Employers who are beating the trends on soaring healthcare costs have more than leaders who relentlessly look for solutions. These leaders also dissect the data to find the hotspots where focus is needed.
Data reveals. Data tells a story. Data can push employers to move beyond the anecdotal and towards proven, verifiable strategies. Data is critical to driving down healthcare costs.
For birders, the data in eBird can direct us to the hotspots—the geographical areas in our communities where we are most likely to see birds. This data tells us the time of year that particular species are migrating through our area. It tells us what type of birds we can expect to see along the coast, and which birds are more likely to be seen in the mountains or in an inner-city park.
When it comes to an employer’s healthcare spend, data can show us the hotspots in our employee population that need to be addressed. Like binoculars to a birder, data helps us focus on the details we need to see.
Sourcing Your Data
The data needed to effectively design an employer’s population health strategy can be obtained from several sources. Biometric screenings and annual wellness exams can provide helpful information, as can employee Health Risk Assessments. However, the greatest source for data will come from healthcare claims (including prescriptions). This data is like a spotlight on a key character in the theatre, leading us to focus on what is imperative to see and know now.
Data Drives Strategy
If the data indicates that 40% of our employees are using tobacco, then it is wise to include a focus on tobacco cessation. If the data shows that 60% of our claims are coming from Type 2 diabetics, then we need a focus on diabetic management, along with implementing tools and strategies to reverse and prevent the disease. If the data shows that more than half of our healthcare spend is coming from spouses, partners, and dependents of employees, then we will want to expand our wellness strategies beyond just the employee. If the data shows that employees at one location are consistently wasting your healthcare dollars by using the ER for non-emergency visits, then education on using a primary care physician and local clinics will be needed at that location.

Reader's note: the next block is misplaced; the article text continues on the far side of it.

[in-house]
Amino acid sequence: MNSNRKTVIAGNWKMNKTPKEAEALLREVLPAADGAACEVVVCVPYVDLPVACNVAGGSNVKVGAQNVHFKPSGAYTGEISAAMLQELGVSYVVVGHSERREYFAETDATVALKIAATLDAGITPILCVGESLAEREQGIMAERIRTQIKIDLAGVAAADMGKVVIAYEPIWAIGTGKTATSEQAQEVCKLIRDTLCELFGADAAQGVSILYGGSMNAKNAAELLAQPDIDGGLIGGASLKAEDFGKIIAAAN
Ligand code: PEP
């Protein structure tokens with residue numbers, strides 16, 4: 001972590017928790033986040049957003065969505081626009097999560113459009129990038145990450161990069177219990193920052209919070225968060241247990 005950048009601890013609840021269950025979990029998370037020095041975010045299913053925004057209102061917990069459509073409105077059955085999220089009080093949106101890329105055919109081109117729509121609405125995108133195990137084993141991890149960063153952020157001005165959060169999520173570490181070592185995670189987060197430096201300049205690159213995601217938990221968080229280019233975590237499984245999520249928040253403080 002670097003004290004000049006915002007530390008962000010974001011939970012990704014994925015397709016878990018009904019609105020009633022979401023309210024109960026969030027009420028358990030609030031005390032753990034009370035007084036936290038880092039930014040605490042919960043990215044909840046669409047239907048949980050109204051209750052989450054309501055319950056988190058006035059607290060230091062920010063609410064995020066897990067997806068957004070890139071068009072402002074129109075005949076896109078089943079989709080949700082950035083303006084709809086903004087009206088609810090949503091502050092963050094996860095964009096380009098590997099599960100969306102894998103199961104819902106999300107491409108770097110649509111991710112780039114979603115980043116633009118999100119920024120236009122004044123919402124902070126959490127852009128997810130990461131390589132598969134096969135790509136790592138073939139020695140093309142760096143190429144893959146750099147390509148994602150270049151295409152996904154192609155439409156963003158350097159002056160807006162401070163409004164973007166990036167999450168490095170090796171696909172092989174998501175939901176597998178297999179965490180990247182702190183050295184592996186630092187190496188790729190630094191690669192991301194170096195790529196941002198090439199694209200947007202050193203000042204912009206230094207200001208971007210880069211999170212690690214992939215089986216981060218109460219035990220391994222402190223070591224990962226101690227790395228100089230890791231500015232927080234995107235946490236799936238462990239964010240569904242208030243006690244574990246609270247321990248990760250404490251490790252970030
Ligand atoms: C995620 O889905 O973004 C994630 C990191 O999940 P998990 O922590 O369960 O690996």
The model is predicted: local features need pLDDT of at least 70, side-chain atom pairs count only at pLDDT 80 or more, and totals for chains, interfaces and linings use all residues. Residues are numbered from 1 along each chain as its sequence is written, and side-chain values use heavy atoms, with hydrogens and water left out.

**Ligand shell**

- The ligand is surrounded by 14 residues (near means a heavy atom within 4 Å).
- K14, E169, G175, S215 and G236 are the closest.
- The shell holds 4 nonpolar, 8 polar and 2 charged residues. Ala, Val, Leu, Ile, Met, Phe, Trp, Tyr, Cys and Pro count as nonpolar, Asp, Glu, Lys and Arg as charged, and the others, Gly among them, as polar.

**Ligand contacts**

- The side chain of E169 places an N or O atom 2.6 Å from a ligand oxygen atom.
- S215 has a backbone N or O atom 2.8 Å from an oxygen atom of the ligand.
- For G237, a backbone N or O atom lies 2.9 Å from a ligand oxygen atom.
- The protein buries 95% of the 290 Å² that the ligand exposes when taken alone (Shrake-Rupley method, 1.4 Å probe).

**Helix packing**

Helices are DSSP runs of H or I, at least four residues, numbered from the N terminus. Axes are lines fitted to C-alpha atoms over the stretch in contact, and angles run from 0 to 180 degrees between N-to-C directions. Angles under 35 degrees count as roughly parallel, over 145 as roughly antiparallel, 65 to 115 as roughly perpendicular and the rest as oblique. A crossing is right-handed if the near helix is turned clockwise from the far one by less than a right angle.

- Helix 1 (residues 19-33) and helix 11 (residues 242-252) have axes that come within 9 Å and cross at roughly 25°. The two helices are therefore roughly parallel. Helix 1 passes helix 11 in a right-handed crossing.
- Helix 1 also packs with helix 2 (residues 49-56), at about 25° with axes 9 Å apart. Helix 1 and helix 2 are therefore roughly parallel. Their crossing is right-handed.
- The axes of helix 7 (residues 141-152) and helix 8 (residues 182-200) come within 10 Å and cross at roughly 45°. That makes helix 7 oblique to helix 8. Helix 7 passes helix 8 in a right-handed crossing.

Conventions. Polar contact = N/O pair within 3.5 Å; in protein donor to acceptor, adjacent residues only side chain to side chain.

Data can reveal emerging new risks; members who are endangering their health by skipping their meds; and what brand, generic, and specialty drugs are trending in the employee population. Data can tell us how many members are getting their annual physicals and mammograms. Data can also shed light on how we compare to other employers in our industry or region.
Employers who adopt wellness strategies while bypassing data will often miss the greatest opportunities to make a difference.
Going back to my lunch in the park, the Bald Eagle and I had something in common that day. We were both craving raw fish. I hope you and I share a commonality too — not necessarily for birding, but a passion to enhance the health of our employees while also reducing the employer’s healthcare spend. That’s our specialty at The Benefit Company and we stand ready to help you dissect the data and develop your long-term strategy. Contact us today.
Jack W. Bruce, SPHR, Director of Population Health & Wellbeing
- Population Health
- Employee Wellness & Wellbeing
- Human Resources
- (Member of Georgia Audubon)